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3.5 Groundwater

  1. Development of the subwatershed has resulted in increased stormwater volumes and flow peaks and reduced infiltration and base flow in Minnehaha Creek.  Development, redevelopment, and reconstruction in the subwatershed may provide opportunities to decrease stormwater runoff volumes and increase infiltration.
  2. Ongoing flow monitoring in Minnehaha Creek suggests that some reaches of the creek are losing flow to groundwater, possibly contributing to periods of low or intermittent flow.
  3. Seeps and springs are present in the subwatershed, mainly in the limestone cliffs of the Gorge.  The most prominent spring is Camp Coldwater Spring.  Hydrologic analysis and monitoring conducted at the time the Minnesota Department of Transportation proposed to construct a new highway interchange nearby indicate this historic spring is sensitive to impacts in its groundwatershed.
  4. The extensive wetlands in the upper subwatershed were identified in the FAW as either discharge wetlands or combination recharge-discharge wetlands.  It will be critical to maintain or increase infiltration rates in the upper subwatershed to help maintain hydrology to these wetlands.  Wetlands in the lower subwatershed are mainly recharge or combination wetlands.  The hydrology of these wetlands depends on maintaining local flow patterns and rates.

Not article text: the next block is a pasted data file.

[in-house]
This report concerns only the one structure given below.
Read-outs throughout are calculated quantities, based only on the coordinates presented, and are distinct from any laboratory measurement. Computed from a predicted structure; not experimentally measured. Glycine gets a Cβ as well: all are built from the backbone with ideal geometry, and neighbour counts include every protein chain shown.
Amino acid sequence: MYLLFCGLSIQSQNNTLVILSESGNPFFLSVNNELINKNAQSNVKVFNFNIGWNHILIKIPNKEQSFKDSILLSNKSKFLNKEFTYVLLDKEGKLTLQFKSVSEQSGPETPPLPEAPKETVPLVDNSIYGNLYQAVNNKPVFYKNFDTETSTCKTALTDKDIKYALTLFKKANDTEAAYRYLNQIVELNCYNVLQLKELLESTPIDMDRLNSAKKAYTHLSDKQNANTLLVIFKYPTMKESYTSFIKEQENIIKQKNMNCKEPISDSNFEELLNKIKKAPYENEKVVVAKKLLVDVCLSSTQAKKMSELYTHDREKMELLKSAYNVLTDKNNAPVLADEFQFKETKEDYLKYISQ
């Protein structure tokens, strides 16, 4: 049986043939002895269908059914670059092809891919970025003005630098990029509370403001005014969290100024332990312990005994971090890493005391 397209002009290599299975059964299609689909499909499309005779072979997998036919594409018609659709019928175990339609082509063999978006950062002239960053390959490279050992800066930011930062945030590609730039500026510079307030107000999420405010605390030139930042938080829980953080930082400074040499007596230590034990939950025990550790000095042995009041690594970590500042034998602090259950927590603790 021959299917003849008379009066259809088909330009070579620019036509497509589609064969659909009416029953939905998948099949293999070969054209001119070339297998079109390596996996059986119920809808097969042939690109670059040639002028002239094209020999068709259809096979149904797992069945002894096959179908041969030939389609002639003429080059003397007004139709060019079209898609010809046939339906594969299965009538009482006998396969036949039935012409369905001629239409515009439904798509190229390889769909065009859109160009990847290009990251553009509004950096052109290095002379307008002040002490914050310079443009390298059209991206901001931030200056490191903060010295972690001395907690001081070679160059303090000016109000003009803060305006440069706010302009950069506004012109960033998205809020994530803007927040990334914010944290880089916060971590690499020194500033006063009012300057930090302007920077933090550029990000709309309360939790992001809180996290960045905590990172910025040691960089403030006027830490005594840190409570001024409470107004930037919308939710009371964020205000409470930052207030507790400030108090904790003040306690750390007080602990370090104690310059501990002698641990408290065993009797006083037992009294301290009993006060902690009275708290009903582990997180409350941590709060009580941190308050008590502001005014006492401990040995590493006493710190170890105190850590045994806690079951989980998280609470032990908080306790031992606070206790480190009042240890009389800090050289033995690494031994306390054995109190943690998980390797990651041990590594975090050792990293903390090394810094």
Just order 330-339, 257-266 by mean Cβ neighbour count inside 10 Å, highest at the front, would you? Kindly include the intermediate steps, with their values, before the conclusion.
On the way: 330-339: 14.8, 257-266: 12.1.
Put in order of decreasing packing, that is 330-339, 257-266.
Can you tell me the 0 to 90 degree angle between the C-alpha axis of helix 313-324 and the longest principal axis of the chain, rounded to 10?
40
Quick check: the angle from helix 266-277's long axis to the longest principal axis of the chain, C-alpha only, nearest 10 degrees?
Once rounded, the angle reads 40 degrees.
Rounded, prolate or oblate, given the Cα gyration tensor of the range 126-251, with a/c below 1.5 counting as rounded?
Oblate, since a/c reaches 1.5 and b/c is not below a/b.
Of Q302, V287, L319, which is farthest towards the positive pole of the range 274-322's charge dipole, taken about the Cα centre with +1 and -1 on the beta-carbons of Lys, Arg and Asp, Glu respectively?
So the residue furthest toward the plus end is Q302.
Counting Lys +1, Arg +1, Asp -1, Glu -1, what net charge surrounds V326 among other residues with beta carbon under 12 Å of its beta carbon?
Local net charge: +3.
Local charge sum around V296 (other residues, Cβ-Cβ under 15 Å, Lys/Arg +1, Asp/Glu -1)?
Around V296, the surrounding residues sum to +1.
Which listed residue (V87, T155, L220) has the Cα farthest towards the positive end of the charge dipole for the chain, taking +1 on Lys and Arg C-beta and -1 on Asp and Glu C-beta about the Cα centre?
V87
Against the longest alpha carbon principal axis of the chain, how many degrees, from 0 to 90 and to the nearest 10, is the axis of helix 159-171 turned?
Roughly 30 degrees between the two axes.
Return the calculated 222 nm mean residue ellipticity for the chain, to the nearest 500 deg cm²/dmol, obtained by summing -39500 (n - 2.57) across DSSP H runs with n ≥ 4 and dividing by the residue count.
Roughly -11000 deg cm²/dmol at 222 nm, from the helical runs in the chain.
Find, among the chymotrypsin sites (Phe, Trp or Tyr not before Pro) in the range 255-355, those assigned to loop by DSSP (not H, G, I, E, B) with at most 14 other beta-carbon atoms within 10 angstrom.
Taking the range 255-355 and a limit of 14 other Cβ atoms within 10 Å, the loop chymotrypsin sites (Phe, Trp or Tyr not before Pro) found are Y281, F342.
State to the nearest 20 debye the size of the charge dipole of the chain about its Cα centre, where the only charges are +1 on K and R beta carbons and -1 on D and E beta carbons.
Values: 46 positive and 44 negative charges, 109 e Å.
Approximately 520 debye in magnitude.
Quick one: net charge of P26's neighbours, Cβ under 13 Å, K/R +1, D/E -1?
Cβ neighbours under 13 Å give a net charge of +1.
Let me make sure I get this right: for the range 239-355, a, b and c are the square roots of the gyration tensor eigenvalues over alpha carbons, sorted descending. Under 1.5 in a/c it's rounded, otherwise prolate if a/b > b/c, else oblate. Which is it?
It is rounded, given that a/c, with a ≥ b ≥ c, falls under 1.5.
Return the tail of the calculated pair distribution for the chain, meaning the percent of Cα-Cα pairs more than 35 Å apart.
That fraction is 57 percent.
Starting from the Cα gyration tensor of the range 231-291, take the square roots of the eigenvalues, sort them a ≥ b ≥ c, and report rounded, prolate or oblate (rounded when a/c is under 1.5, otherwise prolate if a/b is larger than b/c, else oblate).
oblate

5. Much of the subwatershed is very highly or highly sensitive to aquifer impacts, including the Minnehaha Creek corridor.
  6. Wellhead Protection Areas have been identified for the cities of Edina, Minnetonka and St. Louis Park within this subwatershed.  Stormwater management within those areas should be coordinated with wellhead protection plans.